Filipiak and some of her fellow teachers assigned their students neighborhood photojournalism projects in which students documented issues like education, segregation, and health issues, providing audio-video recording and editing equipment and instruction, so the student researchers could record sounds and images as well as text. Students developed binders of resources directly related to the issue they were studying. Then the teachers invited guest experts and community leaders to view students’ project portfolios and resource binders. The result was so successful in Filipiak’s judgement – not only training youth in multimedia skills, but also empowering them with both the social impact of their work and with direct experience at being change agents — that Filipiak pushed to incorporate what she and the other teachers and their students had learned into the 12th grade curriculum. She said to school administrators, “Students are bored by these traditional occupational research papers and some of them are plagiarizing with these traditional occupational research papers. Why don’t you let us design a research project with these students that enables them to investigate their own community’s issues? I’ll teach them real research. Instead of internships aligned with career interests, I can assign my students to internships with people who know about the topics of their community research.”
One student was interested in the ways that art practices exercised by urban youth are criminalized, so she looked at graffiti and tattoos, deciding to do an internship with these artists. Another student investigated how the most vulnerable populations are impacted when disaster hits. She looked at and compared systems and structures in Haiti and Detroit. To better understand the health issues, this student undertook an internship with a nurse. When she was asked to design a project to address the issues she had discovered, she said she wanted to go to Haiti. Figuring out how to finance the trip was part of the assignment.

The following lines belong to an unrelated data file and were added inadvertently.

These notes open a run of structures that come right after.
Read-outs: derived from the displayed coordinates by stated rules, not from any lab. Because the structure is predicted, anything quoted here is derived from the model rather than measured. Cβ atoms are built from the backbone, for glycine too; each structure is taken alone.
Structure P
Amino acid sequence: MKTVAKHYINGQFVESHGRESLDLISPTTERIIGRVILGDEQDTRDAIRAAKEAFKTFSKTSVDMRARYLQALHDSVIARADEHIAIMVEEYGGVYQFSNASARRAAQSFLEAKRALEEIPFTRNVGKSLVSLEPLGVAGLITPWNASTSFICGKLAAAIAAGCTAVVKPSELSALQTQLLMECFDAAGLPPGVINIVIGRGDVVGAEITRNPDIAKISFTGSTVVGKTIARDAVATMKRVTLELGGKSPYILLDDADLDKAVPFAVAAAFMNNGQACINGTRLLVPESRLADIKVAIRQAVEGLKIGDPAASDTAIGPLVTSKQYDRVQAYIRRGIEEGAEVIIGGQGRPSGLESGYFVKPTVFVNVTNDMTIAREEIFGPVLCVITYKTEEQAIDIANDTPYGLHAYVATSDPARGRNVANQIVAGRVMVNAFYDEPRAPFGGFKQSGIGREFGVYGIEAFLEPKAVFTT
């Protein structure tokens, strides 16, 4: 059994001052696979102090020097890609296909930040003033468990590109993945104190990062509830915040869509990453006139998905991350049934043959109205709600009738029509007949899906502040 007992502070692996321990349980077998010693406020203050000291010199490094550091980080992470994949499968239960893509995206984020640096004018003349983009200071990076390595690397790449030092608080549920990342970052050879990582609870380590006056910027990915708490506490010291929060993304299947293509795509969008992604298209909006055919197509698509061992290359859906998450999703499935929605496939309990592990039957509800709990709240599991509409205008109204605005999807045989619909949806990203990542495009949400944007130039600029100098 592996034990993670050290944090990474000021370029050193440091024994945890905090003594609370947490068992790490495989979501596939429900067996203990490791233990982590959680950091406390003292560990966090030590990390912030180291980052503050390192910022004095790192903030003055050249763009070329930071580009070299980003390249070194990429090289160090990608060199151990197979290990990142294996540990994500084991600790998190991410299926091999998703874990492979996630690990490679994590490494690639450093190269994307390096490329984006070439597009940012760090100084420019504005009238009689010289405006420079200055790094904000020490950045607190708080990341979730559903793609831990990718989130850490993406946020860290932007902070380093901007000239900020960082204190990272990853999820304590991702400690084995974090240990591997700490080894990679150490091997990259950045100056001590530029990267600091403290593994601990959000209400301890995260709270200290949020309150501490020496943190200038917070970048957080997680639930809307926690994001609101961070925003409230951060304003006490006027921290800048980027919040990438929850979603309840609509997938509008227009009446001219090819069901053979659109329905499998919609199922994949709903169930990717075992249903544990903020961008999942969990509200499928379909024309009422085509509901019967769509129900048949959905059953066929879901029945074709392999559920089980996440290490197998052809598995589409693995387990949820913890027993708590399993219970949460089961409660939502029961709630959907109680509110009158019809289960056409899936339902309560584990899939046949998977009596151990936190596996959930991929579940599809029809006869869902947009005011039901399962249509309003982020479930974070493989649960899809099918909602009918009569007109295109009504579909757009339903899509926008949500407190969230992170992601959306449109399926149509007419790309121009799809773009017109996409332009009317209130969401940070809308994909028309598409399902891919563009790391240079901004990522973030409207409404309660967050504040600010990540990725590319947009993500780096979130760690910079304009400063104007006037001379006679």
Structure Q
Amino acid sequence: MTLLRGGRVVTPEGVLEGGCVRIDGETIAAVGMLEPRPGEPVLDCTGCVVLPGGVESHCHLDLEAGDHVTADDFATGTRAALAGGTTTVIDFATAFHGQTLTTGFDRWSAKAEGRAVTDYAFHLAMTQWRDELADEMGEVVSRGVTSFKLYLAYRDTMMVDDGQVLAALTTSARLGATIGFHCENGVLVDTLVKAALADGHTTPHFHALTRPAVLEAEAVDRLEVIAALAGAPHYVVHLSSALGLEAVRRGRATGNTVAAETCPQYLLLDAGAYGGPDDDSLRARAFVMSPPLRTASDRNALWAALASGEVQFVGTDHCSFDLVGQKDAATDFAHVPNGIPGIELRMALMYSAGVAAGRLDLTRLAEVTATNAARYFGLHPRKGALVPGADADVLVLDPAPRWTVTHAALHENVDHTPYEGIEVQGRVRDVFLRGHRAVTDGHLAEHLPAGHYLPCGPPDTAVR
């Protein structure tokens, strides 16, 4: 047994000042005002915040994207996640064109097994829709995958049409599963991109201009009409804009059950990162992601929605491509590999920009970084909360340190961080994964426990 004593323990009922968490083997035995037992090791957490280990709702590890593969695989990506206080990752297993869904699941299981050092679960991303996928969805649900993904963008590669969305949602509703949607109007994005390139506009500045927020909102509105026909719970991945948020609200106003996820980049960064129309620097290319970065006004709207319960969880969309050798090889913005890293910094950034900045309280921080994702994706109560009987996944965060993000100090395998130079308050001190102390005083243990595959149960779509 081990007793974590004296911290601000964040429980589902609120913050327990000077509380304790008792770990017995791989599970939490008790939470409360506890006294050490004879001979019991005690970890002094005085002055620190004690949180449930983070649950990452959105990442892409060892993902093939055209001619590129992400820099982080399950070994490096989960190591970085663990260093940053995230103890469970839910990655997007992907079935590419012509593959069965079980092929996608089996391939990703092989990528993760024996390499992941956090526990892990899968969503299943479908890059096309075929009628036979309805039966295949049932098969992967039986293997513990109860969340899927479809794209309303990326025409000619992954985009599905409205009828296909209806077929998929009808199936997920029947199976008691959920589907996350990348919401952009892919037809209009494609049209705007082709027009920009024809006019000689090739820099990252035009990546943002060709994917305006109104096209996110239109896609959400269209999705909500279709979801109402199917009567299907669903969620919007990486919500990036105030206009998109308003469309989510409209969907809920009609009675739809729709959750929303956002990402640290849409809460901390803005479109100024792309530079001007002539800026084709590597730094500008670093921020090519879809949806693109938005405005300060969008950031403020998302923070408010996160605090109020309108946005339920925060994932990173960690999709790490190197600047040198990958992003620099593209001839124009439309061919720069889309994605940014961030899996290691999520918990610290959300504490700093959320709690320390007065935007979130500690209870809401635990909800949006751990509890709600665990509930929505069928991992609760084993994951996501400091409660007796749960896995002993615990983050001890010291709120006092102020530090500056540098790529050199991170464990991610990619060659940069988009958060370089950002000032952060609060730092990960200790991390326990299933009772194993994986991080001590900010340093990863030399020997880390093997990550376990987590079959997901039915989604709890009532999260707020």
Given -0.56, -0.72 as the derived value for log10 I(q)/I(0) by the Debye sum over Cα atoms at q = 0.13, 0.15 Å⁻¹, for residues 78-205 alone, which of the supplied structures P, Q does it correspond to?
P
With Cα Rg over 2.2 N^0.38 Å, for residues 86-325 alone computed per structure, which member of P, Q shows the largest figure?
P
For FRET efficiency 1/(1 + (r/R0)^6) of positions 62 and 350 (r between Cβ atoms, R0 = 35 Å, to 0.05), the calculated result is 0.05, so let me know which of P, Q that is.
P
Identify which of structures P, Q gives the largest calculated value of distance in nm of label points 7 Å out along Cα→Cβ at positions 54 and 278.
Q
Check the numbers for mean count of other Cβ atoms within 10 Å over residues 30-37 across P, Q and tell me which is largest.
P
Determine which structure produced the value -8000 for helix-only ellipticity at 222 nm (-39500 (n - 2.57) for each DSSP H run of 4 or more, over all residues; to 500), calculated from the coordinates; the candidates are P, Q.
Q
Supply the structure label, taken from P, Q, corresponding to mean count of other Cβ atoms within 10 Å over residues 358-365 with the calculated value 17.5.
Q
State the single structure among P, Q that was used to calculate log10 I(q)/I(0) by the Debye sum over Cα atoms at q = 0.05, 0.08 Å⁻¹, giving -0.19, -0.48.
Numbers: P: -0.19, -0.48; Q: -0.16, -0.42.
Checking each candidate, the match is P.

“At first, this particular student’s interests seemed to me to be superficial. She would come into class with her hair carefully done and her new purse and she didn’t want to apply herself to required schoolwork without being pushed. I told her that she had to come up with a series of artifacts, that she had to put some work into it. When she came up with the idea of going to Haiti, I told her to develop a business plan and a list of people she would try to arrange appointments with in order to obtain funding., which she did with gusto she had not exhibited in her other assignments. We did some crowdfunding, but much of the fundraising came from the list of potential funders the student developed.”
She and Filipiak did go to Haiti. The student showed young people in Haiti video she had made with young people in Detroit, asking both Detroit and Haitian youth how they dealt with devastation. She interviewed Haitian youth and brought video back to her classmates in Detroit.
Having co-designed this process with her colleagues, Filipiak asked herself, “We know we can bring this action research into schools with 17 kids in a class and internships available, and we know it can be transformative for young people, but what does this look like in a typical, large, overcrowded, over-tested, urban high school in Detroit? So I went to Western International High School. In some cases, I had 50 students in a classroom.” At the same time, Filipiak applied to a program, Detroit Future Schools, that pairs teachers with digital media artists to design curriculum that starts students thinking about transforming themselves and their communities.
Detroit Future Schools provided Filipiak’s students with access to laptops, video cameras and recorders. “I was called into the office a few times to be asked ‘what are you doing with these digital media projects?’ and I told them that the students were invested in it…trust me.” The digital media artist that Detroit Future Schools introduced came into class once a week to help execute projects and “be a thinking partner.” Filipiak says” I was committed to building projects that would merge well with the actual curriculum, but came from real-world explorations that actually mattered to students. At the same time, the administrators who had hired me were saying ‘We need to get our test scores up or we’re going to get turned over to the state. There was pressure to teach in a standardized manner.”